Nora said...

Maybe you should call them 'mummy terrorists.'

Grit said...

hi kelly, i tried, but i can't stay there.

i looked to some of the mummy forums as a way of positioning this blog so that i could present home ed as a choice to readers who i assumed would be thinking hard about educational choice. um. the forums are being driven into a different direction where monetizing the mummy blog is of key concern. bitter? me?!

nora, i will do, under my breath!

MadameSmokinGun said...

Yay you! I signed on for some mummy blogging site too a while ago and they posted up my damn email address as my 'blog' name - so that was that. They keep sending me irritatingly instructional e-mails despite me having cancelled all contact (so I thought) Maybe I should look further and cancel this properly as everytime I get another email from them I seem to get another frown line. Anyway - I hate the idea that I am indeed a 'mummy blogger'. Yuck. I'm with Groucho Marks on the not wanting to be a member of any club that would have me as a member.

TheMadHouse said...

Everything isnt about money and PR's. I love reading your blog Grit and have for a long time, I may not always have the time to comment, but I am an avid reader. I think that I am a bit of a blog tert, as I love all sorts of blogs, craft, home ed, cooking. I love the internet for the diversity and dont feel the need to be part of a clique.

Sally Whittle said...

Bit late to this post, I expect.

I really do know what you mean - there's sometimes a danger that the term 'Mummy blogger' becomes tied to a particular way of blogging, a particular sort of blogger. And that sort of blog has become much more tied to commercial interests.

But I think, for me, it's about loudly and proudly saying we are women, and parents who blog - and that it's our diversity, and difference, and our voices that make us a force to be reckoned with, not our willingness to be the same and think the same and care about the same things.

For me, your blog is one of my favourite Mummy blogs - I know you'll always speak honestly and authentically, and often challenge me to think about things in new ways. It's what many Mummy bloggers aspire to be, I know.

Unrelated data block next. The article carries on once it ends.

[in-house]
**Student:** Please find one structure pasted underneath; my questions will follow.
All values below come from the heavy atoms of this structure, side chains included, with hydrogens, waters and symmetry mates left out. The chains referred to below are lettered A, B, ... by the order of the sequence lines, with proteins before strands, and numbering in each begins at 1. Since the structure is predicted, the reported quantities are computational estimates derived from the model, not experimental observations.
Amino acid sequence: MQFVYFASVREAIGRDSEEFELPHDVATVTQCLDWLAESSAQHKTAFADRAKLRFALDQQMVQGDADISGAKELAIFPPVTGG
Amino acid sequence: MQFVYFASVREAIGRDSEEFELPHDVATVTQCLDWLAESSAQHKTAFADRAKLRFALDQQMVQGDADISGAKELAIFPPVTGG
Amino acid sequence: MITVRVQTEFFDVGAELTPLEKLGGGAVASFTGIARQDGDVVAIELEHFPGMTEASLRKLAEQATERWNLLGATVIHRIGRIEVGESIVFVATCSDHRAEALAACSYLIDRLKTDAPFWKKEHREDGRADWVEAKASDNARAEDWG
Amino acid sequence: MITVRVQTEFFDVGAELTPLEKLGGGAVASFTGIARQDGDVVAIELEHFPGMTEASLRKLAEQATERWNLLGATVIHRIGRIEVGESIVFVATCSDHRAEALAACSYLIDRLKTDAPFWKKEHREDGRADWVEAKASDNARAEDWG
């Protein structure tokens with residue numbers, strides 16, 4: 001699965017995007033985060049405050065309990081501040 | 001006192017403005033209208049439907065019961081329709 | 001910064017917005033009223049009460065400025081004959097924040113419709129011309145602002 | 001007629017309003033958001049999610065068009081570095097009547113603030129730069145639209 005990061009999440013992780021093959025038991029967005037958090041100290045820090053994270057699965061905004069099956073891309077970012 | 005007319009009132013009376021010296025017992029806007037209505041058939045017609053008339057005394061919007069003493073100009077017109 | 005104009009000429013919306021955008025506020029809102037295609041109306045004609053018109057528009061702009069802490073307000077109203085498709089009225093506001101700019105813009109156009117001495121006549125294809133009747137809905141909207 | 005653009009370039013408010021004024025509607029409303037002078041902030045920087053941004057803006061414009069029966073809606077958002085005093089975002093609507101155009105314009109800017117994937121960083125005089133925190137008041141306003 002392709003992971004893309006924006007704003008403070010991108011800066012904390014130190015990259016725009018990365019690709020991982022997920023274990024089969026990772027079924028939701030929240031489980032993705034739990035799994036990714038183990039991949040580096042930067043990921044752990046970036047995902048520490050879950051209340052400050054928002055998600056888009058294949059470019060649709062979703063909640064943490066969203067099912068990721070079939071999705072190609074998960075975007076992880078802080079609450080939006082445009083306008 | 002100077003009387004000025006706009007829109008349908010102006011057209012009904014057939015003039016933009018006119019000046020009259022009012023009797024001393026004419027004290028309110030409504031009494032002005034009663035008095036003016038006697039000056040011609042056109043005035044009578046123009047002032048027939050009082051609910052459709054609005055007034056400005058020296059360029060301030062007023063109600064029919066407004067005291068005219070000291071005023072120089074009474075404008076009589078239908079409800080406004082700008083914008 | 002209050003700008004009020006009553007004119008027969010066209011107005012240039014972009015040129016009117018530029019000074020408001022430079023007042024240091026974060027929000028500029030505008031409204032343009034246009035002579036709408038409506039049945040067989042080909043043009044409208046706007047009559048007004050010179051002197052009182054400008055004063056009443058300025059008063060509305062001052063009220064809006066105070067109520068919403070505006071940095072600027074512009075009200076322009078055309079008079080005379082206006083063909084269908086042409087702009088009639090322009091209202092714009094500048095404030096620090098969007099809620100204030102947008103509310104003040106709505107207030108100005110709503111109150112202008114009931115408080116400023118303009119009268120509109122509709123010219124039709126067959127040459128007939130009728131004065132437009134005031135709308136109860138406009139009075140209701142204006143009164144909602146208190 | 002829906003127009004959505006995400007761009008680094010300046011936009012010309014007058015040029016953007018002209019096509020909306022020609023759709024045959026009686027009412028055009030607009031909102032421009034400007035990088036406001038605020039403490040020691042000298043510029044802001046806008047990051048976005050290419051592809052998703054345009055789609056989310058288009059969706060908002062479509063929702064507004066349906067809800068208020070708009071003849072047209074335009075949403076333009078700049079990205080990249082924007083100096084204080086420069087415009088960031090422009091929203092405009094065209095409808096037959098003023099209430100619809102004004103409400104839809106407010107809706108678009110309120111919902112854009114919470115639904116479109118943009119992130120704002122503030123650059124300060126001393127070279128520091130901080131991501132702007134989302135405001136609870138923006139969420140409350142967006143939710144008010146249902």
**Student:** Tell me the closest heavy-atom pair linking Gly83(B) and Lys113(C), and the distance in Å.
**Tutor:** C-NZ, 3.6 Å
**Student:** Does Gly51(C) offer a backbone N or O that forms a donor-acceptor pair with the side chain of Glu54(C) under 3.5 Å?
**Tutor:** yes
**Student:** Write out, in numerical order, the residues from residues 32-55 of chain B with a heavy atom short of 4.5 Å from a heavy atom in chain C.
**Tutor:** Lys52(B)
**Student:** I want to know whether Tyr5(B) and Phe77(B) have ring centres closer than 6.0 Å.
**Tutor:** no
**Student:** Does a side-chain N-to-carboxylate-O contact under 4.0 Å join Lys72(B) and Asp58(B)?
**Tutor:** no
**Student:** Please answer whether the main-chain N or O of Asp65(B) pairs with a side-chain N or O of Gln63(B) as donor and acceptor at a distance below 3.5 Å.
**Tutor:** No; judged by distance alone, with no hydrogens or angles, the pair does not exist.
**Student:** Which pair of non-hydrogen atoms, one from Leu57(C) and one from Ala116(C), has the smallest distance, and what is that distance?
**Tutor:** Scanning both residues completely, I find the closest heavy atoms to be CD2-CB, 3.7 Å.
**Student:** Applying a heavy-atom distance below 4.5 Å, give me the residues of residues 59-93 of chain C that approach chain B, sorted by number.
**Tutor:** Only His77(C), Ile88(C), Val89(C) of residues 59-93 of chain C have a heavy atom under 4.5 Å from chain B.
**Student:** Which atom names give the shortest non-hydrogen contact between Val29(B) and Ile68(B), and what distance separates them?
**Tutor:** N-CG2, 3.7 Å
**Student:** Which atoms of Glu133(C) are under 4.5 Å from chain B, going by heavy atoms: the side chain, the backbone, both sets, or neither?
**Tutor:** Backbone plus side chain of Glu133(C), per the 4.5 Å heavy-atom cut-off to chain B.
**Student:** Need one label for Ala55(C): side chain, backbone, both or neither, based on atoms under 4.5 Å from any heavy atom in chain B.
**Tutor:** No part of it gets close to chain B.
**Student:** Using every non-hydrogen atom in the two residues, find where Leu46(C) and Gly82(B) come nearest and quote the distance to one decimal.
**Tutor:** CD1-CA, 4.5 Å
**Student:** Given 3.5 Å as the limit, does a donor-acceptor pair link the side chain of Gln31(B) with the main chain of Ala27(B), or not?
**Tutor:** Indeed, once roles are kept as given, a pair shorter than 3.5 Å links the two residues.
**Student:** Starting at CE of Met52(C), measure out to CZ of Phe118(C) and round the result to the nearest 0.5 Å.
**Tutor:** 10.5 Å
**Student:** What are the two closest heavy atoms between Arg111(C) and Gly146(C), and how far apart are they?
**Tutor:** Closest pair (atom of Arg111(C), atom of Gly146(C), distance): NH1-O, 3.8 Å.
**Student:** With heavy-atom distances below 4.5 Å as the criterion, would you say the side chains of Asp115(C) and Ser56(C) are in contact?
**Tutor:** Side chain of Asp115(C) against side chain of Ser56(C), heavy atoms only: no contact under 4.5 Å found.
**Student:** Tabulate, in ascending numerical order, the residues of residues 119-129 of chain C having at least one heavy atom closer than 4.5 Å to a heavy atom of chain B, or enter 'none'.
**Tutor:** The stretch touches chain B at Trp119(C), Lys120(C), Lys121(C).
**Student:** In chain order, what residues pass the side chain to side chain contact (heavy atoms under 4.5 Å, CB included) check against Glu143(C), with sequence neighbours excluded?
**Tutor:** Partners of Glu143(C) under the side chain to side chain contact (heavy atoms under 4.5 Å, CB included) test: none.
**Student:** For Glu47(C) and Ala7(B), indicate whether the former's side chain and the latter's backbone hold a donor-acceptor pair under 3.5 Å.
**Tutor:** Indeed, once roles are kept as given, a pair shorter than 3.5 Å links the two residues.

(Oh, and now I have to sign in using a Google account which isn't tied to my blog, so erm, this is Sally, from Who's the Mummy!)

Glowstars said...

Mummy terrorists is about right!

There's a lot more to blogging (mummy blogging or otherwise) than that particular forum offers. I find the same old offerings from the same few members tired and very thick with their superiority.

I'm a blogger who happens to be a mother and I'd much rather keep that label.

Grit said...

hi madhouse - i love wandering about too, and often enjoy those blogs which are well written and opinionated; i don't have to agree with their line, but if they express ideas well, i enjoy reading them!

i think i feel uncomfortable with any group that becomes very cosy (or anodyne): i think lots of opinions must be swilling about and i'd like to hear them expressed.

in some groups it's very hard to offer an alternative pov, because to do so is taken as undermining some sort of social hierarchy rather than an attempt to draw out opinions or create a discursive community.

hi sally! you are very kind to be supportive, but i think you should say what a load of opinionated mishmash is on here as well. (that's the streak i'm most proud of after all!)

i want forums for parents which are discursive, politically engaging, inquiring, socially aware, unafraid of opinions, written in witty and direct style. (i would also like them to supply free beer as well.) if you provide all that, i accept the odd recipe for pink icing sugar candy biscuits.

i feel much the same, glowstars: same old same old. (i never tire of my own fantastically original and multidirectional output, of course ;)

Grit said...

mme sg - i keep getting emails from one forum too, despite going in and changing my settings to NOEMAILS eight times over. it is a sodding conspiracy to rule our computers, take up our time and fill up our minds to prevent us rebelling, that's what it is. dead cert.